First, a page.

Built between 1825 and 1827 the mill operated from 1828 until 1930 as a flour mill, then at the end of its working life most of the machinery was stripped out and it was turned into an annex to the miller's house; one of its many owners was Douglas McDougall, the flour producing magnate, who bought the mill in 1938 and used it as a holiday home. Although a lot of restoration and repair work has been undertaken since 1961 and much of the machinery has been replaced, the current owners decided that it's not financially viable to get the mill actually working again so it will be just kept in sound repair and open to the public as a place of interest.

The four floors were each accessed by a steep stepladder, with each floor displaying lots of interesting information and old photos of the mill. When I got to the top I was pleased to see that as well as the windows actually being clean they could also be opened, so I had clear views for my photos - it was just a shame that the weather was so grey and drizzly as I would have been able to see for miles on a good day.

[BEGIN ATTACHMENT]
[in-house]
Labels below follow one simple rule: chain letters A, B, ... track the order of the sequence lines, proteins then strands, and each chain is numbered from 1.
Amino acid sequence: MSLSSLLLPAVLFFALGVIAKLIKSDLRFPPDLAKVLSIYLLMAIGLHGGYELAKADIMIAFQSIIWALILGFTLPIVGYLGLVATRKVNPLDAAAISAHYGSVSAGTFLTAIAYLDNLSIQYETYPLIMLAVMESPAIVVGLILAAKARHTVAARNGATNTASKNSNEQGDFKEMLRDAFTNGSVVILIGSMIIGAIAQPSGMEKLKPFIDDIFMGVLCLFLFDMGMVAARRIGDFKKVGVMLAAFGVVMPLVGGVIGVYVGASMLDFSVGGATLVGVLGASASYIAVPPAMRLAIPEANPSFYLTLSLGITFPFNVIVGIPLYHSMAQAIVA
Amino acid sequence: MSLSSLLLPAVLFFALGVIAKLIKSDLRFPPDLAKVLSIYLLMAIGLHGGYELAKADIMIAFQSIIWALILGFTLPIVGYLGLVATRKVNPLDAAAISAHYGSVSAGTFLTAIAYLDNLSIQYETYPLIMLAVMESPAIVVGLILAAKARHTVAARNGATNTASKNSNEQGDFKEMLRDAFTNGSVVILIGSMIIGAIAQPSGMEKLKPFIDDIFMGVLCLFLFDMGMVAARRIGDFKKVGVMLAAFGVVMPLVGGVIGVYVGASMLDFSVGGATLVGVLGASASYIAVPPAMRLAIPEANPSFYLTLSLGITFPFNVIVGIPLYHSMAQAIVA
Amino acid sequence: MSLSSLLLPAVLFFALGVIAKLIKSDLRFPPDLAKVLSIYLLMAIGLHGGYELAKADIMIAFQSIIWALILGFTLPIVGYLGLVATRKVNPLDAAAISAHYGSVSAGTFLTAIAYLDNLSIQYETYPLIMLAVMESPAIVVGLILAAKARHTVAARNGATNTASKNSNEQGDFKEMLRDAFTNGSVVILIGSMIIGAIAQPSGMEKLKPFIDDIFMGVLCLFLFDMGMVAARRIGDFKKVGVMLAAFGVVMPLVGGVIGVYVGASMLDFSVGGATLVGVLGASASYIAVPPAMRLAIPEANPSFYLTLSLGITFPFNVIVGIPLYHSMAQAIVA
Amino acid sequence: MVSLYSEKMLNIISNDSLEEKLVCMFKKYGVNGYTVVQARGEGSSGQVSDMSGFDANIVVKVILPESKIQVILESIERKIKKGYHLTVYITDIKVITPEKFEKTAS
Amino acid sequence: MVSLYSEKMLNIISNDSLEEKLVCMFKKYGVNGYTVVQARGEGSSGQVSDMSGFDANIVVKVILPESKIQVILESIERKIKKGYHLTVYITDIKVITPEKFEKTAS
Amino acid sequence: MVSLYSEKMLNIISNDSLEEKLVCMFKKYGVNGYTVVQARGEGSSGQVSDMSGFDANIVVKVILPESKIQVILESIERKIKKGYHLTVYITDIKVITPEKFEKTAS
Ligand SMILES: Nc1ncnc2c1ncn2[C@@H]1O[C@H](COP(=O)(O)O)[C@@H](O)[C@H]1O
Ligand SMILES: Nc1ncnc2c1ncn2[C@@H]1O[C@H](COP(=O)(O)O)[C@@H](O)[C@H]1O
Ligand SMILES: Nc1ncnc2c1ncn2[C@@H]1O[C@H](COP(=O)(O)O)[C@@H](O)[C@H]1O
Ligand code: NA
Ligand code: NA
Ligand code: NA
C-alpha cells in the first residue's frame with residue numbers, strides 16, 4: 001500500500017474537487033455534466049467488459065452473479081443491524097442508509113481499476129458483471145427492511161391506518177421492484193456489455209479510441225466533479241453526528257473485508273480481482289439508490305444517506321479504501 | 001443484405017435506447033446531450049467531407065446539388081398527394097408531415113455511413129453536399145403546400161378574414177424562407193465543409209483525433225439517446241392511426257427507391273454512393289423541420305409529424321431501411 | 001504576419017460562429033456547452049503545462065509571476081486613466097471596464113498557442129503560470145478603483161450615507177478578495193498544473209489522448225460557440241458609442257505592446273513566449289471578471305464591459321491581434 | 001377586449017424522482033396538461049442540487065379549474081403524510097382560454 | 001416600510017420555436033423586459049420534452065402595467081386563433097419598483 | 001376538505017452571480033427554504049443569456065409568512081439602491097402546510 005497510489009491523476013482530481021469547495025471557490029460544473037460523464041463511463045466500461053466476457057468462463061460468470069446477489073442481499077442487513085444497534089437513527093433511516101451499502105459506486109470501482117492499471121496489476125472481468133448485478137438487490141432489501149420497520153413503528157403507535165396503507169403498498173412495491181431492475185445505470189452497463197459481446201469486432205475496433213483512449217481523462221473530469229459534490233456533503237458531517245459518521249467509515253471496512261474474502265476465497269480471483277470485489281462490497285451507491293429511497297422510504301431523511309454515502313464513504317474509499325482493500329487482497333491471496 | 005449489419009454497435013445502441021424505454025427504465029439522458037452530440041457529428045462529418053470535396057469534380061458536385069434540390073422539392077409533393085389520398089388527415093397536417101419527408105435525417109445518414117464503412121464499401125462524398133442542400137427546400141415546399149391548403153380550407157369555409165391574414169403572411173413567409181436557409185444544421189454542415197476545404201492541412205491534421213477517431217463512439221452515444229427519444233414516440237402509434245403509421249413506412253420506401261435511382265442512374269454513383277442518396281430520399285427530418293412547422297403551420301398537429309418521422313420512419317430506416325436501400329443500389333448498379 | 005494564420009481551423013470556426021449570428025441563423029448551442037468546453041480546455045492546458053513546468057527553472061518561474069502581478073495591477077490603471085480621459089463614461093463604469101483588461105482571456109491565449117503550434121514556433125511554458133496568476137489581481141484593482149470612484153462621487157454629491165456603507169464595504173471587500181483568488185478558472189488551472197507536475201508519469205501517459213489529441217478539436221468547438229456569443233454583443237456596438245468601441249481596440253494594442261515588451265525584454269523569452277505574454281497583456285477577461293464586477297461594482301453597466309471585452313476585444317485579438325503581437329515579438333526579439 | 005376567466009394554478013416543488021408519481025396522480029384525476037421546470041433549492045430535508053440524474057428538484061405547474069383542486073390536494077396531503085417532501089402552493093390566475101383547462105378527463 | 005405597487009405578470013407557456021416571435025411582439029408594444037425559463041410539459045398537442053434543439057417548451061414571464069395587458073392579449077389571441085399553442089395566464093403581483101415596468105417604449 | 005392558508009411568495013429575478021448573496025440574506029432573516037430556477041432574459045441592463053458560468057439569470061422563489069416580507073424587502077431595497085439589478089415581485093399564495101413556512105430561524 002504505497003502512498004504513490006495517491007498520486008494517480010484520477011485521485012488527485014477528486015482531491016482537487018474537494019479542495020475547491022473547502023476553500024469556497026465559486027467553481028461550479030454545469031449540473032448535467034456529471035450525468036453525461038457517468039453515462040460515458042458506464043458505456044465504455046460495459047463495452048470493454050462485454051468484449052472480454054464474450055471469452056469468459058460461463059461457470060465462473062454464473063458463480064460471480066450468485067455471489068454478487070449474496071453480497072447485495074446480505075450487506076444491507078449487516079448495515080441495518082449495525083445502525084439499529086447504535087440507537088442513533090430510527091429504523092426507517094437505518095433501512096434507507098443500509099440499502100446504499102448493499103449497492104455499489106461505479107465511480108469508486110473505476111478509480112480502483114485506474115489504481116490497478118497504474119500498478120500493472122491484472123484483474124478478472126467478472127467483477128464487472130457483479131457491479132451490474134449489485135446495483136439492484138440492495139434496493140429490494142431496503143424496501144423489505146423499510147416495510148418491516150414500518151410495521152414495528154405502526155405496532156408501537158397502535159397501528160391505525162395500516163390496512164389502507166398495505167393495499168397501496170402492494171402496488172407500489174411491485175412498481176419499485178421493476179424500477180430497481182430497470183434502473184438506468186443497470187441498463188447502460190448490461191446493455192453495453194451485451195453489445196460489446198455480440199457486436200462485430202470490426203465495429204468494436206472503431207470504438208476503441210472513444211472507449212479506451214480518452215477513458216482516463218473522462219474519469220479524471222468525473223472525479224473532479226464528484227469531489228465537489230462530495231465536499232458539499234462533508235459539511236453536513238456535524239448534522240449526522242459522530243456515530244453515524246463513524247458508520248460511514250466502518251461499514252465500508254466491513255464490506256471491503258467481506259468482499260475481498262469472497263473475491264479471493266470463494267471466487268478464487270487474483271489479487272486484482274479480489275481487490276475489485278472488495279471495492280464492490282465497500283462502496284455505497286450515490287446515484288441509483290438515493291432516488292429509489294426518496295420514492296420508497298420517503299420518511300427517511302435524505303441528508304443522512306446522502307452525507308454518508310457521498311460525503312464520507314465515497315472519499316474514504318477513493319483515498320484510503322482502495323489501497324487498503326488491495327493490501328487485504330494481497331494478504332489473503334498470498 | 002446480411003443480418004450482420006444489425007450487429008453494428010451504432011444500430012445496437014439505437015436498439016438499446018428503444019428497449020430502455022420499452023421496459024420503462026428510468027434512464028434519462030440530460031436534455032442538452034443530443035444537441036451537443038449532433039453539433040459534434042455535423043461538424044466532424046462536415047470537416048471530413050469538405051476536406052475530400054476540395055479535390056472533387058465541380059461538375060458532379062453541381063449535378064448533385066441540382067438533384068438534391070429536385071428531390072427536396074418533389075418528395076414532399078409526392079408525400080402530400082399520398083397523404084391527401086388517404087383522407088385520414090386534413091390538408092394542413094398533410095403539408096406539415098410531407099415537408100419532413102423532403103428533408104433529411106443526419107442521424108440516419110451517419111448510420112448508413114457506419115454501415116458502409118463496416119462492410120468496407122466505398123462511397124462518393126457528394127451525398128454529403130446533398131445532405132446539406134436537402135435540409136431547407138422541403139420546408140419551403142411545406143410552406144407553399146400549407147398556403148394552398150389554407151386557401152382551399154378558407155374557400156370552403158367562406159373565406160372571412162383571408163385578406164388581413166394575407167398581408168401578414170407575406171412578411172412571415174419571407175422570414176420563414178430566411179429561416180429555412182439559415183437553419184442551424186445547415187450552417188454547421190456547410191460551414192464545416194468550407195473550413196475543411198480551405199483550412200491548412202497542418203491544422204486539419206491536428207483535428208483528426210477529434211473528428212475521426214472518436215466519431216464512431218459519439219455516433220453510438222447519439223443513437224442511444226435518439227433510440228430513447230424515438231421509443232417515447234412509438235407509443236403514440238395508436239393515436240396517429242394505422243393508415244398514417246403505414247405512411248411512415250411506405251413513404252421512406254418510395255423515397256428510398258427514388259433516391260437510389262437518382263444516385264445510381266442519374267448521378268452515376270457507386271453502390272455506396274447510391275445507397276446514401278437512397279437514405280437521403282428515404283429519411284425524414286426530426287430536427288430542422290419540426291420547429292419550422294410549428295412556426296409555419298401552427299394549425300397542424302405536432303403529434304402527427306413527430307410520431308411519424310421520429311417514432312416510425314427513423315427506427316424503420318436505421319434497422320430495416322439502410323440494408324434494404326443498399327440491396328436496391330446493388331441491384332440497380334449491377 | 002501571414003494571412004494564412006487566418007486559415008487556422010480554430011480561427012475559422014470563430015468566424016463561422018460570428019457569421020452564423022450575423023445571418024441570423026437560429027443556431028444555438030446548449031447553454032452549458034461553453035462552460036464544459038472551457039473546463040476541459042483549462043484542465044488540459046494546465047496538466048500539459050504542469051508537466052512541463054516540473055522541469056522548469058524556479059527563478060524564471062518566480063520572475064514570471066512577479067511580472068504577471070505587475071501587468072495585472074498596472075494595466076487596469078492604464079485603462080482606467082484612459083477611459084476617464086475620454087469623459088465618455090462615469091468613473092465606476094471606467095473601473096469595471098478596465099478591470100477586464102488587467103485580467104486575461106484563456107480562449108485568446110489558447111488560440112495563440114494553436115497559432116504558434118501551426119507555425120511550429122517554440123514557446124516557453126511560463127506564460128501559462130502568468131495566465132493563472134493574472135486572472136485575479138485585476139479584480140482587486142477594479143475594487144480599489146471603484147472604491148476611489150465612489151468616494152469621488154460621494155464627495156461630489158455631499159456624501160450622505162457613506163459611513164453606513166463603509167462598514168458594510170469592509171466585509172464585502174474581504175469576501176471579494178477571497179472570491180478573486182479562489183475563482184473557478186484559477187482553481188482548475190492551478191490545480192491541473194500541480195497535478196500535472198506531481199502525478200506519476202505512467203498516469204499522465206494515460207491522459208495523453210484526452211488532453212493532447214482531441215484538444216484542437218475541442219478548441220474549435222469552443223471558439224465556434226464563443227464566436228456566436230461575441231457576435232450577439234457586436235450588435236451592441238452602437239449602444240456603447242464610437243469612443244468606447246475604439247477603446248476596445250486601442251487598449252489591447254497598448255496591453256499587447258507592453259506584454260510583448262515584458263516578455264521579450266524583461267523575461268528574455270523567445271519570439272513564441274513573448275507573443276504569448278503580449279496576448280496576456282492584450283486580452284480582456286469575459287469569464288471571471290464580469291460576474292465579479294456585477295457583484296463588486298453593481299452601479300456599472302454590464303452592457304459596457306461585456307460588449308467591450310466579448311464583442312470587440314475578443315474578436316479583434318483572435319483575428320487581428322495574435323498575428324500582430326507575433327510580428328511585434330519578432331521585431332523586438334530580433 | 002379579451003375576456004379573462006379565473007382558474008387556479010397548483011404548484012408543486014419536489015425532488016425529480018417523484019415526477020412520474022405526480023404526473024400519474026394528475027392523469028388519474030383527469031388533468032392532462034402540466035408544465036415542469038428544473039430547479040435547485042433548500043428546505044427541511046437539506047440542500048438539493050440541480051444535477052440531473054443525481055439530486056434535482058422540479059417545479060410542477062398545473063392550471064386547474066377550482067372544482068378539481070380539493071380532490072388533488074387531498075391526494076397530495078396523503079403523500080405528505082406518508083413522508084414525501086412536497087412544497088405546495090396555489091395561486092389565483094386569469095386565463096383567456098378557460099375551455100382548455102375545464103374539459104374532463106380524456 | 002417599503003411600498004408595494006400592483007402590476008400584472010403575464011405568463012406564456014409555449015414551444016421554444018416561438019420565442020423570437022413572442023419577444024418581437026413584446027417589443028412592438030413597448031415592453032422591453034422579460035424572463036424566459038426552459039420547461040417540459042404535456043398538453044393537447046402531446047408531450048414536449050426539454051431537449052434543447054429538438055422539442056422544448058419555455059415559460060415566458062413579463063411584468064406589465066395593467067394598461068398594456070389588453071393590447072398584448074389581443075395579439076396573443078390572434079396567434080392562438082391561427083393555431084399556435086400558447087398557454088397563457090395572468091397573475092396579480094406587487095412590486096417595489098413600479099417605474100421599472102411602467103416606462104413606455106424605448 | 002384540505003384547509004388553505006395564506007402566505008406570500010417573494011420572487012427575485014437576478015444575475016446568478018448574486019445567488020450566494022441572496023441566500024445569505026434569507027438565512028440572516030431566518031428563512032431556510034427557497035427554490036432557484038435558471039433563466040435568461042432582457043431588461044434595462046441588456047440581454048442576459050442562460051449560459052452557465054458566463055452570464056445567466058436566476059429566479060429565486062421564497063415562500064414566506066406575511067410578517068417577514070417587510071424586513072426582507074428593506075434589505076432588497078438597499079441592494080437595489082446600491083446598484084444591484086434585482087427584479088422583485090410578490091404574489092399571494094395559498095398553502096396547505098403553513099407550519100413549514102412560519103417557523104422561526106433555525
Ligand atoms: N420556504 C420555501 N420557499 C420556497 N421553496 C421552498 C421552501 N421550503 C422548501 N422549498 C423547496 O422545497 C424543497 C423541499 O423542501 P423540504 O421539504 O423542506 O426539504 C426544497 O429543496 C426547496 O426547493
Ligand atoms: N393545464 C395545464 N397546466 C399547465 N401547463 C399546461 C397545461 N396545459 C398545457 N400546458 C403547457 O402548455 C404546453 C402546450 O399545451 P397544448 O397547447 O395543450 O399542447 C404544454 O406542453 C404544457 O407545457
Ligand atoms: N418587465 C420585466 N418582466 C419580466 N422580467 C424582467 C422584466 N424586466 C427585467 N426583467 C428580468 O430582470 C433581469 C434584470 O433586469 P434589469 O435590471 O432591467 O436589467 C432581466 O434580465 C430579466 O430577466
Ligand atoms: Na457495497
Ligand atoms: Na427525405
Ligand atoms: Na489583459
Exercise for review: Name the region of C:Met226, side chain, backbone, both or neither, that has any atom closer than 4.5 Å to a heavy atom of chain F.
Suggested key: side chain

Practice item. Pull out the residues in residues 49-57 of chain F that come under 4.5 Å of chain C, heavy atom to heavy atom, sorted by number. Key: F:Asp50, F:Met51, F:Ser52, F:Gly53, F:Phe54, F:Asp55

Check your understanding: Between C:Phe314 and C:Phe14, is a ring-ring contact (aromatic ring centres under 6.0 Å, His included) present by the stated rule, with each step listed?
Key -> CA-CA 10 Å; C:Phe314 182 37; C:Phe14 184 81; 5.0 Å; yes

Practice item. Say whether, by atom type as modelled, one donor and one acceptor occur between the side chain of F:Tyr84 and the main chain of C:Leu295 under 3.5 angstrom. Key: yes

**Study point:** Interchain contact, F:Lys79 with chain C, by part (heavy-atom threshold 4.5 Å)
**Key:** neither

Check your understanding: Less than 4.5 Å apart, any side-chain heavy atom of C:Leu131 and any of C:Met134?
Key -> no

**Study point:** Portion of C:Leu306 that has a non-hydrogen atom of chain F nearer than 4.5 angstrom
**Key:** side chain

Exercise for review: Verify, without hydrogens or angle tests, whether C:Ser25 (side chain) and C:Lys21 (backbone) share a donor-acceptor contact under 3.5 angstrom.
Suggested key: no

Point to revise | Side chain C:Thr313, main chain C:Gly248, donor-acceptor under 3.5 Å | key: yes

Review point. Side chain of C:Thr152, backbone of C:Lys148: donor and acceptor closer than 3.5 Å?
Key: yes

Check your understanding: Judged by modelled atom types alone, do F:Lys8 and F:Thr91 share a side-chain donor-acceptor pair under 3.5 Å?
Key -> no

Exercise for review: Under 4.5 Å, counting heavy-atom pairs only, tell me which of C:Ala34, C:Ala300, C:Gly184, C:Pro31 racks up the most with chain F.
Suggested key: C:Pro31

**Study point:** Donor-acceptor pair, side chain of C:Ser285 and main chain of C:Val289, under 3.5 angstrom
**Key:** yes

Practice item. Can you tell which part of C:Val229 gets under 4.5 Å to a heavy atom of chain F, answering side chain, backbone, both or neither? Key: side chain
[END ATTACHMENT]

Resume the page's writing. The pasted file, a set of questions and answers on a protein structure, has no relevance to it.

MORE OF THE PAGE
The second windmill I wanted to see was the one in the village of Sutton near Stalham, but finding it proved to be just about impossible. Many times while driving along the A149 I'd seen the sign for it pointing down a minor lane; about half a mile down the lane was another sign so I was obviously heading in the right direction, but when I got to the duck pond on the corner of a second lane the signs ran out. 

I drove along the lane through the village in both directions for quite a distance but there were no other signs and not a single sighting of the mill anywhere - which was strange, because this thing has nine floors and at over 80ft tall it's the tallest windmill in this country so it's not the sort of thing which could be easily missed. It could possibly have been hidden by trees but with no-one around who I could ask I eventually gave up looking. I did find the village sign though, so with a couple of shots of that and the nearby duckpond I drove on to Hickling for my annual visit to F.A.I.T.H animal sanctuary then headed to Potter Heigham for coffee and cake at Latham's.

The final stop of the day was my second visit to Eileen and Ron at Clippesby; as always it was good to chat but all too soon it was time for me to say my goodbyes until next year. By the time I got back to the camp site the drizzle had stopped and the sky was brightening up a bit so I took the dogs down on the beach for a while then settled into the tent for my final evening, only emerging again for the pre-bedtime dog walk.